Two sisters have spoken out after suffering years of sexual abuse at the hands of their grandfather.
Sophie, now 22, and Toni Quirke, 20, waived their anonymity to talk about the ordeal which ‘destroyed their childhood’ in the hope it will encourage other victims to do the same.
Paul Wallis, 66, was sentenced to seven years in jail at Canterbury Crown Court on Friday.
For years, when the girls stayed with their grandfather, he would sneak into their bed and put his hands down their pants, grab their bottoms and force them to kiss him on the lips.
Sophie (top right), 22, and Toni Quirke (bottom right), 20, have spoken out after suffering years of sexual abuse at the hands of their grandfather, Paul Wallis, 66 (pictured left)
Sophie (right) and Toni (left) waived their anonymity to talk about the ordeal which ‘destroyed their childhood’ in the hope it will encourage other victims to do the same
Sophie and Toni recalled childhood weekends spent baking, playing games and doing puzzles at their father’s parents’ home in Sturry, Kent.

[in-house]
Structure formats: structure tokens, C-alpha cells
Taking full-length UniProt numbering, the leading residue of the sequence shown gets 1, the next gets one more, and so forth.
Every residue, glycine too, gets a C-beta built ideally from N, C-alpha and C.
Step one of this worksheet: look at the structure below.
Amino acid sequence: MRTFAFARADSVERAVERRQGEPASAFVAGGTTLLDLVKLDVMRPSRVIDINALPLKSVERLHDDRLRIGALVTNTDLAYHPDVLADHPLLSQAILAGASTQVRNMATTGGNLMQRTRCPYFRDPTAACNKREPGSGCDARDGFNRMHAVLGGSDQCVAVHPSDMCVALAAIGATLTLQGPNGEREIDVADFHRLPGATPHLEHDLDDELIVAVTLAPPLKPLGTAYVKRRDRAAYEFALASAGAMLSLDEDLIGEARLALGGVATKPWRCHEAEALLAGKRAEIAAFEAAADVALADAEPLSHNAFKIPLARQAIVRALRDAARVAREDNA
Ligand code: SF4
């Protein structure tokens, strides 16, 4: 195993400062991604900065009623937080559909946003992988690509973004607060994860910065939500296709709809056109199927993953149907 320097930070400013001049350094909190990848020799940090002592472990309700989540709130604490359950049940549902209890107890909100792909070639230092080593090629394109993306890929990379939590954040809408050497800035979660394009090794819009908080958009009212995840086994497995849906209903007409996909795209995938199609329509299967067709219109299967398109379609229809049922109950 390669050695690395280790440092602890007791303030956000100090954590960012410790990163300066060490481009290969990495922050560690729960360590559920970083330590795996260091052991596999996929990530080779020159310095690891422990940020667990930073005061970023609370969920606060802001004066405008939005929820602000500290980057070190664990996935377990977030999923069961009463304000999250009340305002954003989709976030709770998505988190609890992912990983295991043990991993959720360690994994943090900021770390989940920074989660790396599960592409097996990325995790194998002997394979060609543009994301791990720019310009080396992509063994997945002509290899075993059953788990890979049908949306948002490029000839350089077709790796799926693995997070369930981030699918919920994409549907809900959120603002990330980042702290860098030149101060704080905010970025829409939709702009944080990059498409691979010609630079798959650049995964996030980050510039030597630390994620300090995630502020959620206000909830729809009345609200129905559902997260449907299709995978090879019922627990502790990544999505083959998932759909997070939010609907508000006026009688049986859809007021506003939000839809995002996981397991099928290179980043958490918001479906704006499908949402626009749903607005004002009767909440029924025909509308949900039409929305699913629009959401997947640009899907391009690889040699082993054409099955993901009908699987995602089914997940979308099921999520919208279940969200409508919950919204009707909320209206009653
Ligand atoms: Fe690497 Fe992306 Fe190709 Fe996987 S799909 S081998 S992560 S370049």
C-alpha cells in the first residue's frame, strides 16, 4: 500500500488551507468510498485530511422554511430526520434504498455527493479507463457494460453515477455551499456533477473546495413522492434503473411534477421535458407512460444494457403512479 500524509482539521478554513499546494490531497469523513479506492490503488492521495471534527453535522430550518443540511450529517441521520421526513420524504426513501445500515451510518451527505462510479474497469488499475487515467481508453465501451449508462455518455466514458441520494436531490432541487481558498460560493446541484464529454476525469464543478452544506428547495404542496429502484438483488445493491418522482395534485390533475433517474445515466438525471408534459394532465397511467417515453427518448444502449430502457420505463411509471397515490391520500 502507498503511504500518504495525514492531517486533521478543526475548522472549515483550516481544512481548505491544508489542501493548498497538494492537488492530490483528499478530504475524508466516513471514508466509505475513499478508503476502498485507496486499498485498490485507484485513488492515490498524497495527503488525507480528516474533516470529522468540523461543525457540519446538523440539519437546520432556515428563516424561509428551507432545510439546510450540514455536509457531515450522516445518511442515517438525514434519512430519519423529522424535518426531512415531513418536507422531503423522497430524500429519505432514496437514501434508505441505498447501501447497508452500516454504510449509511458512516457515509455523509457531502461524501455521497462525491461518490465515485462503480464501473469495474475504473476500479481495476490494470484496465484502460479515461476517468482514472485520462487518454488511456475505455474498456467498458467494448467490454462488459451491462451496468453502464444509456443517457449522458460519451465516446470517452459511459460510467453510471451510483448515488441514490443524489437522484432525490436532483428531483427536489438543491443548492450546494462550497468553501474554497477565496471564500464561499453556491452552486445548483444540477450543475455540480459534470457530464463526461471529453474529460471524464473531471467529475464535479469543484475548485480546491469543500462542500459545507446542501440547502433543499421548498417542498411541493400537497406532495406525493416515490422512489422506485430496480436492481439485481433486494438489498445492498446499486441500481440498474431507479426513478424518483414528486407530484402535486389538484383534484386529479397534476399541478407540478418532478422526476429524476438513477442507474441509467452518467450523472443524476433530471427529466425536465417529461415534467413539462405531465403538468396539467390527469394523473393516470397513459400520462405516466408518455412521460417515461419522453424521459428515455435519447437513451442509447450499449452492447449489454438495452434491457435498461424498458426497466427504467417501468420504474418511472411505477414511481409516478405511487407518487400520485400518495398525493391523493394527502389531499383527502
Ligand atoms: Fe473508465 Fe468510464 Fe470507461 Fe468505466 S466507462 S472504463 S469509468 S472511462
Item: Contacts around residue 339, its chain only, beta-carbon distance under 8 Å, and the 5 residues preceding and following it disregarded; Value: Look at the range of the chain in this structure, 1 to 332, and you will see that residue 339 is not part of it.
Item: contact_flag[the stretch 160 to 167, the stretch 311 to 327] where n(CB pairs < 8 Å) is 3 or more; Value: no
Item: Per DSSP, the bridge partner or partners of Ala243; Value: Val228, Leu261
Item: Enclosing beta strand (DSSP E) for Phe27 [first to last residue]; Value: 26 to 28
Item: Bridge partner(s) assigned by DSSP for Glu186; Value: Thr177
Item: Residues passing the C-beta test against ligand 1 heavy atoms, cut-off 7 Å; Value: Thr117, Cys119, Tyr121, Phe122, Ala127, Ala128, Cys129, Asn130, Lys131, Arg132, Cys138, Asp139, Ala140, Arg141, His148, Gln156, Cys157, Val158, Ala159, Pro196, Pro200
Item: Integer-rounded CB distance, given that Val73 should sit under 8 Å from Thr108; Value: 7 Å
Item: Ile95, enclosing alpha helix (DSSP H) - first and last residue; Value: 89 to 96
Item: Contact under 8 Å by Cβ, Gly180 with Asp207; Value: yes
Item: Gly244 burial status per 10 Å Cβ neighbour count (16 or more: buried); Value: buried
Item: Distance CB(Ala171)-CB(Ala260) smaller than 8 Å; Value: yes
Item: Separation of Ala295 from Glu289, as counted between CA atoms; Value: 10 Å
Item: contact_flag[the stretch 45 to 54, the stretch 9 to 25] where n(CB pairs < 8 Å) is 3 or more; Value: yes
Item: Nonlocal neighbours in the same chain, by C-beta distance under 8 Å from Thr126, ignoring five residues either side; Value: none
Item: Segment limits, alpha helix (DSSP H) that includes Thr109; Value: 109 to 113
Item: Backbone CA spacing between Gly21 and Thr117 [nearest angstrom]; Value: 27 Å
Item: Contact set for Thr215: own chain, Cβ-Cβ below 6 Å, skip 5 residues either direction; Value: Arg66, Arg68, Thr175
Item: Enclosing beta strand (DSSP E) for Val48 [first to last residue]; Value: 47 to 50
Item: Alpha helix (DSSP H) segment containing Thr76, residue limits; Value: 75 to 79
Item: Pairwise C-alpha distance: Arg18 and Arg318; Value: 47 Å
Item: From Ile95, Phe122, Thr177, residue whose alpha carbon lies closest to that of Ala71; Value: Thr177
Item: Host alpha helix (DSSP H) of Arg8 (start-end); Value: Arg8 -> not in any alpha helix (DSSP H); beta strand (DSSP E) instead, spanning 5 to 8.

Toni said: ‘They’d take us shopping, spoil us…grandparenty things.’
Sophie said: ‘Our grandad was more of a dad to us than our own dad was.
‘His presence made me feel instantly safe and everything else melted away. He was my hero. Until, one day, that changed.’
The girls were around eight and six when Wallis first touched them inappropriately.
Sleeping over at their grandparents’ house, they woke to find someone in bed between them.
Wallis, 66, was sentenced to seven years in jail at Canterbury Crown Court on Friday
Sophie said: ‘It clicked that it was my grandad. I could smell what I now know is alcohol on someone’s breath.